What's in a Frame?

Image of a pile of glasses.

Finding a great looking eyeglass frame can be tough work. What looks good on you? Should you go with round lenses, or square? What should your frame be made out of? Choosing the material of your eyeglass frame is the first order of business, since that will narrow down your search to one specific category.

Metal

There are two major categories of frame materials -- metal and plastic. Metal frames are easy to adjust, they hold their shape fairly well, and they can last for years. Metal frames are most often made of "monel," a blend of a variety of different metals that vary from brand to brand. There are many different sub-categories of metal frames:

Semi-Rimless

Semi-rimless frames are quite popular, and feature a "clear looking" bottom half of the lens. The lens is mounted in the metal top half of the frame with a very thin metal or plastic monofilament that holds the lens in place.

Rimless

A full rimless frame, also called a "drill mount" features temples and a bridge that are mounted directly into the lenses. The bridge and the temples can be made from metal, or a hybrid of metal and plastic.

Flexible Frames

Flexible frames are becoming more popular among athletes and children, because their titanium based material allows the frame to bend and flex without breaking.

Who Shouldn't Wear Metal Frames?

All metal frames have nose pieces that lift the frame off the bridge of the nose and provide support for the frame. Some individuals do not like the feel of nose pieces, especially those who have stronger prescriptions and thus thicker and heavier lenses. Additionally, some individuals are allergic to the metal used and may break out if the metal touches their skin.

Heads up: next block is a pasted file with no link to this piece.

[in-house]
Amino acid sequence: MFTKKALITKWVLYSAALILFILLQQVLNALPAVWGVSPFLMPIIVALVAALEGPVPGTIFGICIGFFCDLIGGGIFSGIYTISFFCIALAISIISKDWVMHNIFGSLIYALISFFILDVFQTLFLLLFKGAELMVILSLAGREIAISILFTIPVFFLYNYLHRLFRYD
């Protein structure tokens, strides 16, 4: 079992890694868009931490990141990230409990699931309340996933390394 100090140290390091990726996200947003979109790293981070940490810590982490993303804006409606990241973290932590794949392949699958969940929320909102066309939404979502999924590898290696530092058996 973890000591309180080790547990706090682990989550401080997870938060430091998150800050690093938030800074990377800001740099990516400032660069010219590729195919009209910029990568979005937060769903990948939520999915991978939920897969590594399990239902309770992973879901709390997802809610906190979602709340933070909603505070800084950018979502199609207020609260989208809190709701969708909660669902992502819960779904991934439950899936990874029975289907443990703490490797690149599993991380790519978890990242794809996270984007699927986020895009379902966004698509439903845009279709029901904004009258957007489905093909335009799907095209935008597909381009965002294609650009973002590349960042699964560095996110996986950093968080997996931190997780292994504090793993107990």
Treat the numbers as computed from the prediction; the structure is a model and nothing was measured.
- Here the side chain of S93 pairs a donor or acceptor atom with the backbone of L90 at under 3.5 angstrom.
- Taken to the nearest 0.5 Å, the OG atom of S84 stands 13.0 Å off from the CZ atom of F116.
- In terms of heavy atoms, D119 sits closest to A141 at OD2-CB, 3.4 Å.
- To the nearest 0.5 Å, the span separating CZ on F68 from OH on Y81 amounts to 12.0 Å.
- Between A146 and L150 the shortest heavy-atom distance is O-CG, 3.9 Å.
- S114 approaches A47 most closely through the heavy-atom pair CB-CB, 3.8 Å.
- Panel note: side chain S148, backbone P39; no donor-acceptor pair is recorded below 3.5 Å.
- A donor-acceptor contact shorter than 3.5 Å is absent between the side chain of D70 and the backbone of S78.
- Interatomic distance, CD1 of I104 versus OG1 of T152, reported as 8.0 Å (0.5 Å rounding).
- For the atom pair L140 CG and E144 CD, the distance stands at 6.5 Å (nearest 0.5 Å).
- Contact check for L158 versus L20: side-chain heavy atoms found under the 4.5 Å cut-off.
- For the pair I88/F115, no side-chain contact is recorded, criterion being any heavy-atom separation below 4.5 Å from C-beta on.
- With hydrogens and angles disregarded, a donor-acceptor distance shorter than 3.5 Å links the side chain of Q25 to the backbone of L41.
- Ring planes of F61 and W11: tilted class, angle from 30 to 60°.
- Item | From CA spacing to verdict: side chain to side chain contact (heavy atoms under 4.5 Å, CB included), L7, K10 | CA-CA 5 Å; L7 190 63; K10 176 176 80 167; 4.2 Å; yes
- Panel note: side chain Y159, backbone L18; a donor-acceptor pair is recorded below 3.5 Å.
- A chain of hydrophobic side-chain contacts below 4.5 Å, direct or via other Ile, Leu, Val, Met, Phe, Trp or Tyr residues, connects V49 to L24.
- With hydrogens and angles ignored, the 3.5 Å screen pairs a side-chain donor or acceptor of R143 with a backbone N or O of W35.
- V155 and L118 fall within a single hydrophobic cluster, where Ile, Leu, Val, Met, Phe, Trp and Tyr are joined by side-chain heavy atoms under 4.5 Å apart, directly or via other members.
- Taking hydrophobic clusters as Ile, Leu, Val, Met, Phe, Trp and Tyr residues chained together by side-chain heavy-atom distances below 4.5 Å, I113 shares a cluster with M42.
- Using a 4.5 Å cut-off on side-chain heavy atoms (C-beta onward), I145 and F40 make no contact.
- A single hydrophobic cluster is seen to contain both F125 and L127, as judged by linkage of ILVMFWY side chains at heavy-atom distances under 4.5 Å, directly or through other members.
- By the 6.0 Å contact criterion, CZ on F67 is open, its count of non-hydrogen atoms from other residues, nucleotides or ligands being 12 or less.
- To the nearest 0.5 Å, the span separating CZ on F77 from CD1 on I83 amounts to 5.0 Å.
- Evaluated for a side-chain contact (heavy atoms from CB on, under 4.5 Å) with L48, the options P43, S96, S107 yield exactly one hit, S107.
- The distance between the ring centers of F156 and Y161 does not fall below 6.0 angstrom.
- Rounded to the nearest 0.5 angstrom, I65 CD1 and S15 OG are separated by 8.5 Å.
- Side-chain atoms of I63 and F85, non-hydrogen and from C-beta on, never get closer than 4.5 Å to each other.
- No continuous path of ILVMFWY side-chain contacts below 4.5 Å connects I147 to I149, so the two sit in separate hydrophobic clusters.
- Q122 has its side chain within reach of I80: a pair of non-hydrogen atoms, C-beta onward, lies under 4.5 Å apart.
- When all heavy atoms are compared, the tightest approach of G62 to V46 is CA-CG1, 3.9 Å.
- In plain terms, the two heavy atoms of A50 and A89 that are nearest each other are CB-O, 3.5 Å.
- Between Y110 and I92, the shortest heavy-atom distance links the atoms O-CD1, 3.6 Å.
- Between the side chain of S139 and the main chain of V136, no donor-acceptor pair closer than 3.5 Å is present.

Plastic

Plastic frames are the second major material for eyeglass frames, and are as equally popular as metal. Plastic frames can be thick or thin, and can be made in a broad range of colors. Plastic frames must be adjusted by using heat in order to soften the material and allow malleability.

Zyl

Zyl, also known as cellulose acetate, is a lightweight but strong material used for the majority of plastic frames. Laminated zyl frames can have a layered color look, or traditional zyl can be made in bolder, darker colors like black and brown.

Who Shouldn't Wear Plastic Frames?

Most anyone can wear plastic frames, however, individuals with stronger prescriptions and thicker lenses may notice that plastic frames are quite heavy and cumbersome.

Before you choose what material you'd like for your frame, visit an eye care professional and try on several different styles. Take note of the feel of each frame in addition to how it looks, and don't be afraid to ask about the different options available to you.

Ask about our BOGO Deal!

Qualifying contact lens purchases are eligible for FREE polycarbonate single vision lenses

Hours of Operation

Our Regular Schedule

Pittsburg

Monday:

8:00 am-5:00 pm

Tuesday:

8:00 am-5:00 pm

Wednesday:

8:00 am-7:00 pm

Thursday:

8:00 am-5:00 pm

Friday:

8:00 am-5:00 pm

Saturday:

8:00 am-12:00 pm

Sunday:

Closed

Girard

Monday:

10:00 am-12:00 pm

1:00 pm-7:00 pm

Tuesday:

8:30 am-12:00 pm

1:00 pm-4:30 pm

Wednesday:

8:30 am-12:00 pm

1:00 pm-4:30 pm

Thursday:

8:30 am-12:00 pm

1:00 pm-4:30 pm

Friday:

Closed

Saturday:

Closed

Sunday:

Closed

Fort Scott

Monday:

8:00 am-12:00 pm

1:00 pm-5:00 pm

Tuesday:

8:00 am-12:00 pm

1:00 pm-5:00 pm

Wednesday:

8:00 am-12:00 pm

1:00 pm-5:00 pm

Thursday:

8:00 am-12:00 pm

1:00 pm-5:00 pm

Friday:

8:00 am-12:00 pm

1:00 pm-5:00 pm

Saturday:

Closed

Sunday:

Closed

Locations

Find us on the map